William Dargue  A History of BIRMINGHAM Places & Placenames from A to Y

Rotton Park

B16 - Grid reference SP046873

Rotton: first record 1275; Parc de Rotton juxta [near] Birmingham 1307

The finding in Rotton Park of a worked flint in 1910 was the first evidence of the neolithic period to be found in Birmingham. A barbed arrowhead some five thousand years old was spotted by Professor West on the gravel surface of Gillott Road. The flint, however, may not originate from Rotton Park but have been brought from the source of the gravel. This artefact may now be seen in Birmingham Museum.

The original name of the district is Anglo-Saxon and derives from rot tun meaning 'cheerful farm', though the location of that settlement is unknown. The modern district takes its name from the medieval deer park of the de Birmingham family. The bounds of the park were probably Dudley Road, Ladywood Middleway, Hagley Road, Sandon Road, and Shireland Brook. Deer parks had existed in Anglo-Saxon times but they were made viable after the Norman Conquest by the introduction from Sicily of fallow deer, a more manageable beast than the native red deer. Parks increased in popularity and by 1200 every wealthy landowner had one.

One hundred years later there were over 3000 deer parks in England. Especially common in wooded areas such as the Forest of Arden, they required expensive royal permission and involved a great deal of labour digging ditches and building banks topped with palings or thorny hedges. Sometimes fenced compartments were made within the park to prevent new plantations and coppiced woodland from being eaten by deer. Parks were both expensive to create and to maintain. Towards the end of the Middle Ages they declined in popularity but were revived by the personal enthusiasm of Henry VIII.


This clearly was not the case here. The 1529 survey of the manor of Birmingham described a neglected park:


Ther ys a p'ke belongynge to the Manor wherein ys a greate ponde whych ys o'r growen wt. wede & rede,

& lytell fyshe er now therein, and the logge ys sore decayed.

The de Berminghams lost the manor in 1553 and the demesne, ie. the manorial fields, was enclosed, as was much of Rotton Park. These open lands were split into smaller hedged closes, some one hundred and fifty in Rotton Park, with a maximum size of some five hectares.


Perrott's Folly. Photographed by oosoom and downloaded from Wikipedia. Permission is granted to copy under the terms of the GNU Free Documentation license, Version 1.2 published by the Free Software Foundation.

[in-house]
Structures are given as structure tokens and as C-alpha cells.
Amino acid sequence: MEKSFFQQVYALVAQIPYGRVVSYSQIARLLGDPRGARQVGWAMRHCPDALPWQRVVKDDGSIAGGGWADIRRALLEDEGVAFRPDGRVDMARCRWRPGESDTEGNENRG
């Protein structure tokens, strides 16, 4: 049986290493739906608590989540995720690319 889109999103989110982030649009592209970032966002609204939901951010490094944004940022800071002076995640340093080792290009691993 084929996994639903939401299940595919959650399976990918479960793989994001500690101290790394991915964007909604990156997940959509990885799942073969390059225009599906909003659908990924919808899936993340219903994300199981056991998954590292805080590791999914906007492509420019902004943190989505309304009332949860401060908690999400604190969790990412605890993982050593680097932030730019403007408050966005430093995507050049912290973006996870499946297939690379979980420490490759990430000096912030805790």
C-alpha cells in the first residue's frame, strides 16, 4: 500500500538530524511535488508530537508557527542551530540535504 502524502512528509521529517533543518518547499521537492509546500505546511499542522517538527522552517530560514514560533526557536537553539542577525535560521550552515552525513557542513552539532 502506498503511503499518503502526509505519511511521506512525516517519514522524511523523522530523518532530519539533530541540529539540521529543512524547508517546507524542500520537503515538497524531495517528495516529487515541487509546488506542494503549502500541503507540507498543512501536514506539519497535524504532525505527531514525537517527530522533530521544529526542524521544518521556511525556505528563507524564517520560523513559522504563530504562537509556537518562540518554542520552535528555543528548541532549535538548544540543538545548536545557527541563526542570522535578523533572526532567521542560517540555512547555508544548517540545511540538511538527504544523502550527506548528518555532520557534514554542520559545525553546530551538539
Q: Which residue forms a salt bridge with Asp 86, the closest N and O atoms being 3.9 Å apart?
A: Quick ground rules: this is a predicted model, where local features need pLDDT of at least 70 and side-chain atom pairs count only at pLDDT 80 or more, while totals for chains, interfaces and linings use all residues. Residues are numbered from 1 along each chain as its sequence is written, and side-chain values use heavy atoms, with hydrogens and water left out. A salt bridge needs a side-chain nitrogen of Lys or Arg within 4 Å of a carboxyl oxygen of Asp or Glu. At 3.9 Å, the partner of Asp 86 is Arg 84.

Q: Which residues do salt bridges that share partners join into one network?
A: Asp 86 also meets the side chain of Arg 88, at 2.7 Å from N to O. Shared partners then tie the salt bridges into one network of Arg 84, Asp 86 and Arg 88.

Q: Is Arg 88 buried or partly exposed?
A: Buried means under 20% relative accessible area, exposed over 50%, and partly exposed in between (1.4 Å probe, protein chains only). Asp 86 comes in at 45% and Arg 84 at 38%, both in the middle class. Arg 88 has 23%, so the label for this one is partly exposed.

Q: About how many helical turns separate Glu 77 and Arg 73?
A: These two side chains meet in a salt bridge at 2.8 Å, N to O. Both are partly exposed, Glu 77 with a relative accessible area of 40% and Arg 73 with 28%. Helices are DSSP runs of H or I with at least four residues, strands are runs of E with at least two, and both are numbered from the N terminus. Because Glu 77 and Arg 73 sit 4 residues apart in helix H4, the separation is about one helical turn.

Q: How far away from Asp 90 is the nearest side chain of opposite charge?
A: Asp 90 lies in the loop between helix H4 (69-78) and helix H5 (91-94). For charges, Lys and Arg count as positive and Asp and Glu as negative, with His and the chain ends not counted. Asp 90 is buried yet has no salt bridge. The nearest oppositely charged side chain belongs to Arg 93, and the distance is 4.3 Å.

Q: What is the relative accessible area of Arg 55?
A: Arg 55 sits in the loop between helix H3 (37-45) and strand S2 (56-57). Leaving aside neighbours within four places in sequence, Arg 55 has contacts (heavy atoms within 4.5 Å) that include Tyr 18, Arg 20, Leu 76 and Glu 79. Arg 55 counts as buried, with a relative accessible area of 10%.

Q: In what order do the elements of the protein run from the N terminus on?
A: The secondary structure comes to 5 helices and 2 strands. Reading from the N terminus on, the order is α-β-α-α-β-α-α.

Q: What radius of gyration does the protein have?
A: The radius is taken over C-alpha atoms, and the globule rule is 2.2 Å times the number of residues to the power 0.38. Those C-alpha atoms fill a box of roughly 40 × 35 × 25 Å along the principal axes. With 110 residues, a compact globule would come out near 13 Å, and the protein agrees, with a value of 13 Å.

Perrott's Folly. Photographed by oosoom and downloaded from Wikipedia. Permission is granted to copy under the terms of the GNU Free Documentation license, Version 1.2 published by the Free Software Foundation.

Well worth a look - Perrott's Folly


In the mid-18th century John Perrott bought the last remnants of the old manorial park and moved into Rotton Park Lodge. Standing on the slight hill near the junction of Gillott Road and Rotton Park Road, this had been the park-keeper's lodge and may well originally have been moated. Rebuilt in Tudor times, it remained the centre of working farm until early in the 20th century.

Perrott's Folly or the Monument stands 30 metres high on Waterworks Road. With a climb of one hunded and thirty-nine steps, it was built in 1758 for Perrott as a viewing tower on his country estate. The folly is octagonal with pointed gothic-style windows and an embattled top storey. From 1884 it was used by Abraham Follet Osler as one of the world's first weather stations. He invented the self-regulating wind gauge which he tested on this site. 


The tower continued to serve as the Birmingham & Midland Institute's weather observatory until 1984. The building began to deteriorate until in 1958 a successful public appeal was made for its repair. As Birmingham's only surviving folly this Grade II* Listed building has recently been renovated and is regularly open to the public.

After Perrott's death in 1766, his grandson sold off the estate. The remaining park was sold off in various lots by 1852. One of these went to Joseph Gillott who had made his fortune by mechanising pen-nib manufacture. He subsequently laid it out as a middle-class suburb along the lines of neighbouring Edgbaston and many large houses remain.

St Augustine's Church
St Augustine's Church


St Augustine's Church

The building of a church dedicated to St Augustine of Hippo was initiated by Gillott and designed by Birmingham architect J A Chatwin. It stands alone on an island and is prominently visible from the three roads which lead up to it. Built in late-13th-century geometric gothic style, this expensive church is finished in fine detail. Consecrated in 1868, the tower built was eight years later. The exterior of this elaborate church is rock-faced, the interior faced in stone.